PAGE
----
Batgirl and Black Canary-the Birds of Prey are ready to fight for justice!
Time and human development are liquid materials, flowing past our feet, a broad and shallow river of infinite width rolling over a primordial setting, the Nile or the Platte before they were quantified by human eyes. Children are born, and though they age and change, who they are is constant in the present. Their character is spread across infancy, toddlerhood and full childhood as if they are the same person, a fixed point, unfolding new facets with every stage, but unchanged in their essence. Often, I look at a picture of the girls from a year ago and find myself surprised to see the little one’s hair so much shorter, or the six year old in clothes I know stand no chance of fitting her today. But, at the same time, their faces seem so much the same, and I have trouble remembering how their characters once were different from the people they are now.
When babies become toddlers, that is a palpable and undeniable transition, even a bit traumatic. Gone are bottles, gone are diapers, and, after some trying nights and a lot of emergency-laundry-due-to-accidents, your children no longer require a traveling utility closet to leave the house. A border has been crossed, rudimentary humanity has been achieved, and it is once again feasible to patronize a select few restaurants. It is more difficult to trace specific stages and milestones. Birthdays, a lost tooth, an increase in height you cannot swear to, but know has occured. And thus, we grow.
But it is a river, and though it flows, and though the eye can witness its endless running, it also seems that the surface, while it glitters, does not change. Children share the same illusion, as they move through time. We know that their bodies are maturing and characters developing, but tracking their metamorphoses is attempting to follow a ripple of water’s fate as the Shenandoah and Potomac merge. Understood in abstract, observed to an extent, and impossible to wrap our arms around.
The river flows, and this is understood, for flowing defines a river, change defines a person and the process never ceases. From time to time, with a photograph or a journal entry, I try to pin a particular aspect, to preserve a moment of one of the girls, their look, their laughter, the finest quintessence of who they are, right then, knowing that it’s not quite who they never will ever be again. I succeed as much as anyone could exceed in a task so impossible—a little, not much, but more is kept than if I had not tried.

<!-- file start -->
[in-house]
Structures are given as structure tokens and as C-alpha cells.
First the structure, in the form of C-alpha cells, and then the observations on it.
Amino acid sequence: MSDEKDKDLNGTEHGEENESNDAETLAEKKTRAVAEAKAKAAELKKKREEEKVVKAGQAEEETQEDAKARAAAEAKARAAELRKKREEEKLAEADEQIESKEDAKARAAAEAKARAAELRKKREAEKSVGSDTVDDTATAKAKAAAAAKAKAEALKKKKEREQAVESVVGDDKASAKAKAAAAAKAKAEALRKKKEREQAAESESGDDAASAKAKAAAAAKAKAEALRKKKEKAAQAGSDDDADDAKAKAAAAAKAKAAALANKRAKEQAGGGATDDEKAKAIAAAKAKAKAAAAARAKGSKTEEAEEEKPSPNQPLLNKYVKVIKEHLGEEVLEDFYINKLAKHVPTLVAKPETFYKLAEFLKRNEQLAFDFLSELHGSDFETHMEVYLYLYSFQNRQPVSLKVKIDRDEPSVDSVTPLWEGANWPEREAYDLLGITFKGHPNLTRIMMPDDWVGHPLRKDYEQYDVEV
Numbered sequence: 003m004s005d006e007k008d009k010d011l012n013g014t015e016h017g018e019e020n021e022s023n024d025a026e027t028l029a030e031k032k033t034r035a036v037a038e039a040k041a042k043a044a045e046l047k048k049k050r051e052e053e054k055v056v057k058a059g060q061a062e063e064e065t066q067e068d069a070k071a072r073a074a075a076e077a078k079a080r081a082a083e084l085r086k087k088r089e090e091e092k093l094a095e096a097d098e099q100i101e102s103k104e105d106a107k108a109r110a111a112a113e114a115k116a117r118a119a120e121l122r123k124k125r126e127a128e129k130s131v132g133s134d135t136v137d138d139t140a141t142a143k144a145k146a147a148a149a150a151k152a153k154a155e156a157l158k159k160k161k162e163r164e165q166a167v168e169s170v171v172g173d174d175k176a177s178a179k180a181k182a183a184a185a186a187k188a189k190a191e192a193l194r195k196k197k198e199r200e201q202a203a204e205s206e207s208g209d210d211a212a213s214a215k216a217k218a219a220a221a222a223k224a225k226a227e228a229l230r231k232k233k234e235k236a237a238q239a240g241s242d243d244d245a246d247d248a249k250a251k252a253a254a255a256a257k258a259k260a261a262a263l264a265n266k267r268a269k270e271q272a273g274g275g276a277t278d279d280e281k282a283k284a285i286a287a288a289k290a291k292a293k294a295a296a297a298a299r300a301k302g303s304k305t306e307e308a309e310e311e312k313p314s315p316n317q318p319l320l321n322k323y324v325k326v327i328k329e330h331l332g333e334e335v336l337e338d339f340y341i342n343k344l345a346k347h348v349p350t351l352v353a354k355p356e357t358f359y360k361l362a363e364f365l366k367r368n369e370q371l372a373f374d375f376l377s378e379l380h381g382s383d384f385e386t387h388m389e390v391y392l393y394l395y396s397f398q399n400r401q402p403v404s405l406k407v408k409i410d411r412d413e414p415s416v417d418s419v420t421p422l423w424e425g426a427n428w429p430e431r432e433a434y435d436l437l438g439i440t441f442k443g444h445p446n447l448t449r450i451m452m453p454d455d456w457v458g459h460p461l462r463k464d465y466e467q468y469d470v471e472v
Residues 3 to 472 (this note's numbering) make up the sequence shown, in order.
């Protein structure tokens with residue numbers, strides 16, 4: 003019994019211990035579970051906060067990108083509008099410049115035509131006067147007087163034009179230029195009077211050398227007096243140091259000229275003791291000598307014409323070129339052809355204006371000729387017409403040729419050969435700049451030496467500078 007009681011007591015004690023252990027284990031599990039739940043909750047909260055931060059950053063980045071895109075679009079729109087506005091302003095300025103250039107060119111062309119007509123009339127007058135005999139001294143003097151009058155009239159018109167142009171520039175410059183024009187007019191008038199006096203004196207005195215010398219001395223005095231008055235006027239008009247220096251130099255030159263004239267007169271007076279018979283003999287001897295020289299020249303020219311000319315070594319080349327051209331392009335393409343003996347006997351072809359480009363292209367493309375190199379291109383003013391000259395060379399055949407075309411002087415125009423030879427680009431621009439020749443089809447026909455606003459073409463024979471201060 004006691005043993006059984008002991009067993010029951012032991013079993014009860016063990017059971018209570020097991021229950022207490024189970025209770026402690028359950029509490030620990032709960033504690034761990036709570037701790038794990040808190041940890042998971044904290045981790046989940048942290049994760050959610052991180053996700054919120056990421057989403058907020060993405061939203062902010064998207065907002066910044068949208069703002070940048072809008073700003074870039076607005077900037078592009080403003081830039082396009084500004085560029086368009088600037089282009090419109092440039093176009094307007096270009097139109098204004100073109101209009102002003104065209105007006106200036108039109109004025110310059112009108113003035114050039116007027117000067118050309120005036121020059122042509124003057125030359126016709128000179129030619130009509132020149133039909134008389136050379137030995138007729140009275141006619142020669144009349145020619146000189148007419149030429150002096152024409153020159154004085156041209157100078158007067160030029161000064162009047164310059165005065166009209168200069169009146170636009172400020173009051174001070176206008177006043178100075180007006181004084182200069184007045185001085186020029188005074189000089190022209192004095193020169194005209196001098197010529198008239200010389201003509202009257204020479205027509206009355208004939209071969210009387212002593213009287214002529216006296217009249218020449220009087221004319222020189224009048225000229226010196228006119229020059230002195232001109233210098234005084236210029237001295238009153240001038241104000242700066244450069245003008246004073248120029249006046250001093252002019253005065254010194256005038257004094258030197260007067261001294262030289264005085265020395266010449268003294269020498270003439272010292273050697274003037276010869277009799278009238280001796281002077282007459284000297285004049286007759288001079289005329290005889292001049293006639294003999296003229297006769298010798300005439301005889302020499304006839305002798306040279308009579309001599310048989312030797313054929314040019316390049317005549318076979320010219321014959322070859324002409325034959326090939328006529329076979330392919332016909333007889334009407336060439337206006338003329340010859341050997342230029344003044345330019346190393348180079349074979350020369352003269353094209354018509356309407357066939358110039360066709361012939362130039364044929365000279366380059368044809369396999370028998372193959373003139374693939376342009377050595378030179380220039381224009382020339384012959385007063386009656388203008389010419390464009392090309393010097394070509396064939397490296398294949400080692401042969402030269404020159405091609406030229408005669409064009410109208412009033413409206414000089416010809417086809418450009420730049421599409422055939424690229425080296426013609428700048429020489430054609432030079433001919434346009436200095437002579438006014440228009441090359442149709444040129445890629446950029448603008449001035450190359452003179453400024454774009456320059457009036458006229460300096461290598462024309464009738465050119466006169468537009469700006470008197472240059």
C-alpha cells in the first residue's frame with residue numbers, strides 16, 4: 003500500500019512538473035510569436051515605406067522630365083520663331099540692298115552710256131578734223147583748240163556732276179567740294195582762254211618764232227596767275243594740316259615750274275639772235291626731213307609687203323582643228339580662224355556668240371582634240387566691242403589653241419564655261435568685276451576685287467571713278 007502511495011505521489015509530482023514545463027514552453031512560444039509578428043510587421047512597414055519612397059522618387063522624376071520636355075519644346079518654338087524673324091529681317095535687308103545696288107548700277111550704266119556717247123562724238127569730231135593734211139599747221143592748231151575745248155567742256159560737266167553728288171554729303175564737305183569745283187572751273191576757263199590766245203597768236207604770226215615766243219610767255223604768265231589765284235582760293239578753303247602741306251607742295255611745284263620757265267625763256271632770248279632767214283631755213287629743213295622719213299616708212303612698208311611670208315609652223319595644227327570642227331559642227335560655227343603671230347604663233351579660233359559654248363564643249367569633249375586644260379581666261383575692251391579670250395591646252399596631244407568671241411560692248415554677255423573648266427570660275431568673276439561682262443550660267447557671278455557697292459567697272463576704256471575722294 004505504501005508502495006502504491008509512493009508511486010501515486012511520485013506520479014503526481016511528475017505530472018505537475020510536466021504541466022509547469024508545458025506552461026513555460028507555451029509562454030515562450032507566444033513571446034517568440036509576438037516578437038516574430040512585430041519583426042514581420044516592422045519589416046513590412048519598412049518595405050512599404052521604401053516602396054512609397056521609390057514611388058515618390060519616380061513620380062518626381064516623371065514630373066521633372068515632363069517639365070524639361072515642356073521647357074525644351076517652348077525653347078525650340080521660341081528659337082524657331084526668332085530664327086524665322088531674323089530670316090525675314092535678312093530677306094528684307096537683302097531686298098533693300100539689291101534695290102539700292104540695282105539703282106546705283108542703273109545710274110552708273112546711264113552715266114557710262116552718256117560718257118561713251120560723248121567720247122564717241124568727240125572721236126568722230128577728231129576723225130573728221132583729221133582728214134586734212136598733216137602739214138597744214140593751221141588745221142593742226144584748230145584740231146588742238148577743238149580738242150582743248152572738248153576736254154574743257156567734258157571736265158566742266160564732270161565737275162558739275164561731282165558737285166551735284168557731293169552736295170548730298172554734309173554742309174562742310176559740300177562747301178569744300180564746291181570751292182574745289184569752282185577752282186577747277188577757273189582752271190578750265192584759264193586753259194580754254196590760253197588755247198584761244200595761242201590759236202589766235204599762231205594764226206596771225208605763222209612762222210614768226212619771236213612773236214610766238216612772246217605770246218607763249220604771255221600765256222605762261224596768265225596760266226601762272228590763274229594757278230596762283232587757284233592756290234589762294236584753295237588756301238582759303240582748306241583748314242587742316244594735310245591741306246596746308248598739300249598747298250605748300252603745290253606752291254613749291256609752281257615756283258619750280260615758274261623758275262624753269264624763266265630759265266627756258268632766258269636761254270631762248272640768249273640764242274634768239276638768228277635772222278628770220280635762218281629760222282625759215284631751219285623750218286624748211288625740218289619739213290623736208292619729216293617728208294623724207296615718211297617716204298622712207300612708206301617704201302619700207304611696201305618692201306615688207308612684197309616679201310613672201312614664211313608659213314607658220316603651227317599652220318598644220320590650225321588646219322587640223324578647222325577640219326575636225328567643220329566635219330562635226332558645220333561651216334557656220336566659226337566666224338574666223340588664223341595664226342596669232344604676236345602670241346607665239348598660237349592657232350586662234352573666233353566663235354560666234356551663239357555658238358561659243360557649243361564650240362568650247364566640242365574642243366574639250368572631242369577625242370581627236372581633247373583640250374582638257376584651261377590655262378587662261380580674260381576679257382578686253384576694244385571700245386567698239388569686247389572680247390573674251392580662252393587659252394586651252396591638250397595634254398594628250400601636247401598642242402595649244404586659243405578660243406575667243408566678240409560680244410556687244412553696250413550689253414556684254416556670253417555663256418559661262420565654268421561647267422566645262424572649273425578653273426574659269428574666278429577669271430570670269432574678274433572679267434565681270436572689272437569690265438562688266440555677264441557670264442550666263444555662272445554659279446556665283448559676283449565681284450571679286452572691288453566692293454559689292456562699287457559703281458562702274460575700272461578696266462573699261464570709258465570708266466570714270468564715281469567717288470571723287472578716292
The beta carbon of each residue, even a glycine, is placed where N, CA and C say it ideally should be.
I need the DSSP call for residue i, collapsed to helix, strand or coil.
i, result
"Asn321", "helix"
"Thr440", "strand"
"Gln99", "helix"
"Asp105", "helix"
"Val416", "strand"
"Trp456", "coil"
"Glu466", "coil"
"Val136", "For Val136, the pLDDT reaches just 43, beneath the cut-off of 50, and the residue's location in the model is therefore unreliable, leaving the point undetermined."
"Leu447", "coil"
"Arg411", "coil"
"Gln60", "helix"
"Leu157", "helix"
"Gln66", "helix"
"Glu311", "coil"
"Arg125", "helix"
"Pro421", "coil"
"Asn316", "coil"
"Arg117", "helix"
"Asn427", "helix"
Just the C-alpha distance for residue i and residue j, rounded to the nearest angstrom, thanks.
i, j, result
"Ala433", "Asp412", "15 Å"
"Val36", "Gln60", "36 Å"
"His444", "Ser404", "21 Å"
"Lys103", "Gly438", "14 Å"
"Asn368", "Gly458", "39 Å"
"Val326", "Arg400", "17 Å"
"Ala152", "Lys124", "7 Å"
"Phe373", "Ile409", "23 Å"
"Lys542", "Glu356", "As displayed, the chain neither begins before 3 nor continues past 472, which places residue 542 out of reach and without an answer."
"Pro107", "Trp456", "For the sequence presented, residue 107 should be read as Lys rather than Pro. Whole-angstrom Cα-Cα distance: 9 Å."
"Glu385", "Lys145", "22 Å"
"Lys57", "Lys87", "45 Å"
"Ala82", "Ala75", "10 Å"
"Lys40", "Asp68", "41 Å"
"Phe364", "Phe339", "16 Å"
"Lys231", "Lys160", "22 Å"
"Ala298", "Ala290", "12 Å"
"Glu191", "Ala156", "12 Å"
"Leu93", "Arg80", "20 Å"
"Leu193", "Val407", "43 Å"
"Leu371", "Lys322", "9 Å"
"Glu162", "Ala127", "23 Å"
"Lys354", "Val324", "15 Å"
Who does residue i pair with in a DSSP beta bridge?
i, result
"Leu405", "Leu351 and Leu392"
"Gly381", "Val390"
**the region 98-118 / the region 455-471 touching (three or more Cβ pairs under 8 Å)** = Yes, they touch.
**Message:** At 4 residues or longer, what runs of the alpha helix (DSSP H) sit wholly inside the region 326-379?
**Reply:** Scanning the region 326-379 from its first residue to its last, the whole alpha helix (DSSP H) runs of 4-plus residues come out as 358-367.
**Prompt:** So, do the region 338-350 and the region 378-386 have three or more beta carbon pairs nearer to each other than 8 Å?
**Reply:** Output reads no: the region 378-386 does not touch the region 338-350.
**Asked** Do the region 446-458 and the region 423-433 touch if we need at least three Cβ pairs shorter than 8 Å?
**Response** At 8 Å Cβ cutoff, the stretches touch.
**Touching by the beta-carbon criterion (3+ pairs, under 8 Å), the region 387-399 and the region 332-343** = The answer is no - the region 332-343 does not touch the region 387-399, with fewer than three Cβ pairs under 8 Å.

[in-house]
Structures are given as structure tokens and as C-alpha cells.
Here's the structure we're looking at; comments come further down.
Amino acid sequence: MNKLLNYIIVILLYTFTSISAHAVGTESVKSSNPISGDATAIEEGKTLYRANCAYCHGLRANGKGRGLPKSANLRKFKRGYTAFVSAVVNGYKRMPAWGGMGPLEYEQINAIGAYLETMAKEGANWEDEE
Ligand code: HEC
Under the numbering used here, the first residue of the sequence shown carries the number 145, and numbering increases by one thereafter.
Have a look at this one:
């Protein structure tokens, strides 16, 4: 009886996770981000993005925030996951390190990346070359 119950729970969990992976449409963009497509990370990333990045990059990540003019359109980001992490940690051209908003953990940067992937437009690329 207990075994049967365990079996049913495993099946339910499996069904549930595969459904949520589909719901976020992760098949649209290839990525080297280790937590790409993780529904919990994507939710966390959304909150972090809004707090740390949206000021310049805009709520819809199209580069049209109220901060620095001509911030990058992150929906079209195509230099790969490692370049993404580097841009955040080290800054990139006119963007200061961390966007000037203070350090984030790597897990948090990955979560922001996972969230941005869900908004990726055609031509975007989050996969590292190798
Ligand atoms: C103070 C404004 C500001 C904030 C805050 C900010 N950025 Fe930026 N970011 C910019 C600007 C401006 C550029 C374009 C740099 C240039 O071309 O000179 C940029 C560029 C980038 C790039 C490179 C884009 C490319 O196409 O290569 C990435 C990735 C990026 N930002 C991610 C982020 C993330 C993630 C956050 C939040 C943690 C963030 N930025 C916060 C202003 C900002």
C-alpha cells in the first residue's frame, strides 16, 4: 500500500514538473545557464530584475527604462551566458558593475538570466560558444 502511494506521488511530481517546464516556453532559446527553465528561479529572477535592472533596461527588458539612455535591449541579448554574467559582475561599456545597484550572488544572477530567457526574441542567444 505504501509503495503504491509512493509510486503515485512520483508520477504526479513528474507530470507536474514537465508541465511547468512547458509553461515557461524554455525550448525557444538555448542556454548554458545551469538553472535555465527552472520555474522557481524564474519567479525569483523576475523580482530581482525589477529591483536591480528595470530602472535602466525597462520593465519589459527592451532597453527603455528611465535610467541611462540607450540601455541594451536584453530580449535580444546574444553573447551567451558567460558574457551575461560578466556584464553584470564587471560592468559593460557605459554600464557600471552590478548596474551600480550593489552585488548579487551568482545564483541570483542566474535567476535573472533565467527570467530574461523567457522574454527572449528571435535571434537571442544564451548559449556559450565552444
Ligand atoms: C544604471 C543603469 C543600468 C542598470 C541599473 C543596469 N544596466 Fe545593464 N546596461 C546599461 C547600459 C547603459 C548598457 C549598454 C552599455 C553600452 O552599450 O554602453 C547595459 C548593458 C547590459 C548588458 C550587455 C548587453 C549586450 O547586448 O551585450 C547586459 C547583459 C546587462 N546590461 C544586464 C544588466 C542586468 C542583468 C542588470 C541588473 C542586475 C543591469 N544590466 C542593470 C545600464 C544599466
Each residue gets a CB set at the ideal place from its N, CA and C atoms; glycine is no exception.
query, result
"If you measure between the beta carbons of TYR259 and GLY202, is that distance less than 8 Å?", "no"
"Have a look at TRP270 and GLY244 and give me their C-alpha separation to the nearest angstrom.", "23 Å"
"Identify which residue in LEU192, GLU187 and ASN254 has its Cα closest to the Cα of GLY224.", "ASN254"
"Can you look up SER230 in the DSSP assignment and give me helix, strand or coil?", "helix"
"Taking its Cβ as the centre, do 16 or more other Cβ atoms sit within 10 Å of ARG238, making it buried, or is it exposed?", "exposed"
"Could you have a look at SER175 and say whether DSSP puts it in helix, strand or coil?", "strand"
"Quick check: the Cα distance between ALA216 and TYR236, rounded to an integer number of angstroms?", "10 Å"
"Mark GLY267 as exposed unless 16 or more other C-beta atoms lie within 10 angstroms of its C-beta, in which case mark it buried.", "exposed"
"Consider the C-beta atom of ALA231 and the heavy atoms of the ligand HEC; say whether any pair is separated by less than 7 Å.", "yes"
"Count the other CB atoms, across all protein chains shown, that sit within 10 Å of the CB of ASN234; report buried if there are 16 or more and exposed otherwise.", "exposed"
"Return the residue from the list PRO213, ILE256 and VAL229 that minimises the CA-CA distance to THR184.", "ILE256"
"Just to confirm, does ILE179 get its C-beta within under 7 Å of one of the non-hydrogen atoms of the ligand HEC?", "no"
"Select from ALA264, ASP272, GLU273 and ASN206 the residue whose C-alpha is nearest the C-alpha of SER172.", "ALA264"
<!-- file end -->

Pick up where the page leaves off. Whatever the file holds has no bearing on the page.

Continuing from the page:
One lesson to be learned from this, the simplest one, is an acceptance of the nature of the river. Time cannot be stopped, life cannot be frozen, we must move on because we *are* moving on, in spite of our protestations. And while that’s a good lesson, yes, and a solid tower of truth, it’s not the conclusion to which I choose to hew. Accept, please do, it’s part of living in the river, but also remember: the beauties of the waters are lost on those who do not watch them. The girls are growing, changing, slipping away, but I am capturing this process in as many ways as I can. Perhaps some days they or their children will appreciate this, I don’t know. More important is that it will have been done, and their childhoods, those fleeting moments, will have been appreciated by more than themselves.
Will this make any difference in a cosmic sense? Will it chip away at any monolithic wrongs or bring the human race closer to enlightenment? Who can say? But the girls will know, even if they do not read my journals and look at my photographs, that I loved them with such an intensity that I made them the focus of my life. And that is all that matters.
Guitar Wonderland on Flickr.
Guitar Wonderland on Flickr.
The hardest thing about being a parent is the incessant, impossible-to-defeat nostalgia for the present moment. I don’t want any instant with the girls to end, I don’t want to forget any of it, I want to do more than record it—I want to freeze everything, to preserve it perfectly and eternally, to stare down time and forgetfulness and the damnable notion that any one piece of life is more valuable than any other.